In this guest blog post, Secretary General of Intergraf Beatrice Klose explores the impacts of paper shortage on the wider book industry
After two years of rolling lockdowns, Europe is finally able to take a (maskless!) breath. Shops are open, events are taking place, and we are rediscovering the pleasure of in-person connections. Rising demand for print goes together with a healthy economy, so the reopening of our societies should be offering much-needed relief to printing companies. But although the printing industry is experiencing a predictable rise in demand for printed products (particularly books), recovery is being stifled by the lack of availability of our sector’s primary raw material: paper.
For the last six months, few printing companies have been able to secure the quantity of paper they need to fulfil all orders. The shortage has been exacerbated by the diminishing capacity of paper producers – particularly those producing graphic paper, which lost more than 25% of capacity between 2016 and 2021. Shrinking capacity was already an ongoing trend, with COVID-19 speeding up the process. But of course, the pandemic was only temporary. Demand for paper is now rising and paper producers no longer have enough capacity to supply the market. The price of paper has also been an issue since mid-2021, when paper producers implemented unexpected, steep price increases due to rising energy costs. For some printers, paper prices have gone up 100% compared to one year ago. This has created the perfect storm for printing companies and their supply chain.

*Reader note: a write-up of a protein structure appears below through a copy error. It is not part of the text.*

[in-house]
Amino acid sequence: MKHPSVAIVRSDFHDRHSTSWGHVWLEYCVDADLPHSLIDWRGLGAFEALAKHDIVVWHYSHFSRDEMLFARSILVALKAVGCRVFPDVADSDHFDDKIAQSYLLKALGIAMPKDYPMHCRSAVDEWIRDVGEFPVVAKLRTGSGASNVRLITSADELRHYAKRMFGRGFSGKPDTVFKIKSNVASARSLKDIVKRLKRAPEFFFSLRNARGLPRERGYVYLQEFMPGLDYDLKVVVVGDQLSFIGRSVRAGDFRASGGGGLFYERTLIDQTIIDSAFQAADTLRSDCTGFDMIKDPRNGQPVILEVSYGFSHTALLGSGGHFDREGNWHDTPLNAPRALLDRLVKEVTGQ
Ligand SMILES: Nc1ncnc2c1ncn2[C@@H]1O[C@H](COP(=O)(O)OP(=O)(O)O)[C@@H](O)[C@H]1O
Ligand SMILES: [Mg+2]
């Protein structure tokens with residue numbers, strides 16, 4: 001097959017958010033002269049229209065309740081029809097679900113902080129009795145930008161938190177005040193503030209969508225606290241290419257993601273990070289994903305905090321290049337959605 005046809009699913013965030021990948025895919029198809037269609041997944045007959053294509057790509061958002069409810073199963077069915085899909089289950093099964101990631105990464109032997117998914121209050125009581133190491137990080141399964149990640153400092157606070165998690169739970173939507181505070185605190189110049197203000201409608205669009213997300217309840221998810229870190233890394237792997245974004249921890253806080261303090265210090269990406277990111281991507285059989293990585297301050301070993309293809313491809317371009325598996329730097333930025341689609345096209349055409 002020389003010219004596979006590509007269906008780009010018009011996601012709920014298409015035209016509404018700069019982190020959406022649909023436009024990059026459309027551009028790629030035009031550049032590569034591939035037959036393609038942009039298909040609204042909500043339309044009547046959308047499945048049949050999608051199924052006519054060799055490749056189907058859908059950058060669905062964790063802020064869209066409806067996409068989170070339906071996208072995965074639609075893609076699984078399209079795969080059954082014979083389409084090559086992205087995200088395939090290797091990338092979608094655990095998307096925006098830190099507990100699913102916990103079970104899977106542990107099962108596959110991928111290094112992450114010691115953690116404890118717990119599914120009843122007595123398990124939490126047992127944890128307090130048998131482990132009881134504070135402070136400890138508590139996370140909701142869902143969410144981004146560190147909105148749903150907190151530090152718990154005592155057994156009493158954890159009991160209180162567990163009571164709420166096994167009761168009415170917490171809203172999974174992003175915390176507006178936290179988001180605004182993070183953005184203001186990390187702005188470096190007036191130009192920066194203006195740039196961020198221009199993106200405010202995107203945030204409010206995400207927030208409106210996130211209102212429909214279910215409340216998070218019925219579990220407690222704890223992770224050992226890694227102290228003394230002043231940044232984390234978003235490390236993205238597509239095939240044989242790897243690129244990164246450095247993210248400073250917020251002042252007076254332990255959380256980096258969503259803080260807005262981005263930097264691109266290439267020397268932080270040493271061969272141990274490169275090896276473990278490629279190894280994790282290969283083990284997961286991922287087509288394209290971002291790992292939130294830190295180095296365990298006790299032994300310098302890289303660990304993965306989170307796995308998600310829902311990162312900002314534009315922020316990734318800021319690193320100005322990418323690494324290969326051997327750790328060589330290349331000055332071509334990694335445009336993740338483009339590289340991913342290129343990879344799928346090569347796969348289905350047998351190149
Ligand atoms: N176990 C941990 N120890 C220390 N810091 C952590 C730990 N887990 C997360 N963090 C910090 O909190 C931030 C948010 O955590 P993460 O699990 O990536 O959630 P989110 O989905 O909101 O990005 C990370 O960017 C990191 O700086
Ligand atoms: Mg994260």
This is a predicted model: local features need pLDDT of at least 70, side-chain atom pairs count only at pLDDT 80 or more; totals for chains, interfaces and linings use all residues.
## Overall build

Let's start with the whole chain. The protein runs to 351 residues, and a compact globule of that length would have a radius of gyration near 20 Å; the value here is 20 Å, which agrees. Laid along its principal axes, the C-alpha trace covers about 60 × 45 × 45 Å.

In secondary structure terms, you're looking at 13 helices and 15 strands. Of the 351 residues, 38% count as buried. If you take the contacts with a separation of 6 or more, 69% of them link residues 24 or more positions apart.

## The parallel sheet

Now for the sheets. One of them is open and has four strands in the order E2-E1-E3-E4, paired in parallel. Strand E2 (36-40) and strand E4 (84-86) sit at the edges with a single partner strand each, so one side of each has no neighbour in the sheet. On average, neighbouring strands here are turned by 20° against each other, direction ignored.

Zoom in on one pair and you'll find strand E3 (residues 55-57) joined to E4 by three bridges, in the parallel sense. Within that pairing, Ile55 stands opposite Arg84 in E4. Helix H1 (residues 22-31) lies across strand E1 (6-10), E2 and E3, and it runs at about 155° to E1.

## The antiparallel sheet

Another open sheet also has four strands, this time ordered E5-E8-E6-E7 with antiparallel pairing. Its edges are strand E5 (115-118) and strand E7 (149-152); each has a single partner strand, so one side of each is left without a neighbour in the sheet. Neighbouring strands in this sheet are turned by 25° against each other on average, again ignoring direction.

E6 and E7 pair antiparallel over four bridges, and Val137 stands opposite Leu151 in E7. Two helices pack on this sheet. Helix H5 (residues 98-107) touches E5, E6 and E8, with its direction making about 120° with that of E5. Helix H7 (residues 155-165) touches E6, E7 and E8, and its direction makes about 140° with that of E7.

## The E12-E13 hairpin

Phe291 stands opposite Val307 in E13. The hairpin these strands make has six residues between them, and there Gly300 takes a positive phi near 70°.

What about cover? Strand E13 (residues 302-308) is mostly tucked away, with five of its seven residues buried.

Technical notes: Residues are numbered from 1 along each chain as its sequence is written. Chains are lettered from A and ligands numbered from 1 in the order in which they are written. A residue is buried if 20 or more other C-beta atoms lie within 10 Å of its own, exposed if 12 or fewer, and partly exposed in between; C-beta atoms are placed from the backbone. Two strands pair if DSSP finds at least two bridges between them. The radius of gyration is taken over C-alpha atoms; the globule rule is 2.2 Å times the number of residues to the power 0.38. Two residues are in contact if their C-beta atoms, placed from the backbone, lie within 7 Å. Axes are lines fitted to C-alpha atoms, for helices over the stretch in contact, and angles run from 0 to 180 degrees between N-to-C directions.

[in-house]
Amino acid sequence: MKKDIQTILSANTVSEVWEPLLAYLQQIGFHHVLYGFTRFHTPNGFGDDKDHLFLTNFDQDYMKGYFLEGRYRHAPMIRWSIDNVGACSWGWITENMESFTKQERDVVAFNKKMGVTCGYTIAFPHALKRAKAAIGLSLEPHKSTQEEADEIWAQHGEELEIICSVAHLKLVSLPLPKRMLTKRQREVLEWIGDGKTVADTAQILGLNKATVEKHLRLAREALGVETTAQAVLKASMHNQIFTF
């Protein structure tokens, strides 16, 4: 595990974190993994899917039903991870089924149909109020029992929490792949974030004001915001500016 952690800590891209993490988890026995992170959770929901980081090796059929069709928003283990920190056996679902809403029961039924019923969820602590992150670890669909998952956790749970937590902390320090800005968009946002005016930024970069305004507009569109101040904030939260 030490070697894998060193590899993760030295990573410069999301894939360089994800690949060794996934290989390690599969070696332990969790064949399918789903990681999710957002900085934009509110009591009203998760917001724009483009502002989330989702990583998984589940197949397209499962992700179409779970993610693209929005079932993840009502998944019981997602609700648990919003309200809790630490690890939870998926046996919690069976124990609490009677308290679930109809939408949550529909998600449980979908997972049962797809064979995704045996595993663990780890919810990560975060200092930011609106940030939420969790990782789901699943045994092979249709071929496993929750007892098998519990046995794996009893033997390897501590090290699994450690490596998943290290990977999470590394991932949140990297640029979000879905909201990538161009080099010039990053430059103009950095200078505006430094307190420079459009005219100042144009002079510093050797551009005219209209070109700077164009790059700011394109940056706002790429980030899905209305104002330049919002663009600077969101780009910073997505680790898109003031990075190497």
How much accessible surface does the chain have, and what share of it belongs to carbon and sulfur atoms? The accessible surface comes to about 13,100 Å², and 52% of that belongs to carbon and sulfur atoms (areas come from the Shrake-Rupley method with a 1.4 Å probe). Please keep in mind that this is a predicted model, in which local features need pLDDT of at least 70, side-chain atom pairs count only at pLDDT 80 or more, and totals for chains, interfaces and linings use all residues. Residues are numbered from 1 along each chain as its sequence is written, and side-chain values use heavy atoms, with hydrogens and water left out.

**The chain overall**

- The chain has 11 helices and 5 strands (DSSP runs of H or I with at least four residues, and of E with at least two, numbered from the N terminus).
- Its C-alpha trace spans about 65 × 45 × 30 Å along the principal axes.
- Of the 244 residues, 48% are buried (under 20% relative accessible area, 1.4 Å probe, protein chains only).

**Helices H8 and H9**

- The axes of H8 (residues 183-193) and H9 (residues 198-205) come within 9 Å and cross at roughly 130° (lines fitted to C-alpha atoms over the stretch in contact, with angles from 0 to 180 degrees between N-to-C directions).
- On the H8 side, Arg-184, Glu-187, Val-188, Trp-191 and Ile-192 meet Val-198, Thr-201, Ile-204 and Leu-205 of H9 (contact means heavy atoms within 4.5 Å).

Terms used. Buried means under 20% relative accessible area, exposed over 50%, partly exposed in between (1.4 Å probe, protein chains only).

Paper shortages are threatening publications printing (e.g., books, newspapers, magazines, and advertising), and board shortages are threatening packaging printing. Time-sensitive products are particularly at risk, as well as many essential products like food, medicine, and schoolbooks. Some printing companies reported that at the beginning of the year 40% of the paper they needed could not be obtained. One large sheetfed printer from Germany stated that “we can foresee missing amounts of paper of up to 15% of our planned production in 2022”. Another Swedish printer warned: “We have financial pressure both from customers and now also from our suppliers. We are struggling to keep our margin and with pressure from both ways this is really a challenge.”
Paper is a critically important raw material. Such alarming shortages and price increases will have an enormous effect on printers, their customers, and their supply chain – not to mention on wider society. Printers are working closely with their customers – notably with book publishers – to find the best solutions, and everyone is helping each other. But with many printers now being forced to handle only the most urgent orders, a crisis is underway, and the production of essential products is at risk.
Intergraf, the European trade association for the printing industry, has taken various actions to draw attention to this emergency, as have our member associations across Europe. We call on the European regulator to acknowledge the seriousness of this situation, and to secure a sufficient supply of raw materials to facilitate the continuous production of essential goods – goods that serve European citizens in their daily lives and are key conveyors of information, education, and culture in Europe. Most critically, we call for a significant reduction in exports of pulp and paper to third countries, and the safeguarding of sufficient production capacity to ensure the autonomy of Europe’s printing and publishing industries.
The European printing industry is made up of some 112,000 printing companies (95% SMEs), which employ 640,000 people, and generate a combined turnover of €82 billion (EU27 + UK; CH; NO).
Intergraf is the European printing industry association, representing employers. We are a Brussels-based umbrella organisation with 20 members from 19 countries. Our primary task is to advocate for the printing industry in Europe, working with European Union to support the sector’s competitiveness through advocacy, information-sharing, networking, social dialogue, and European projects.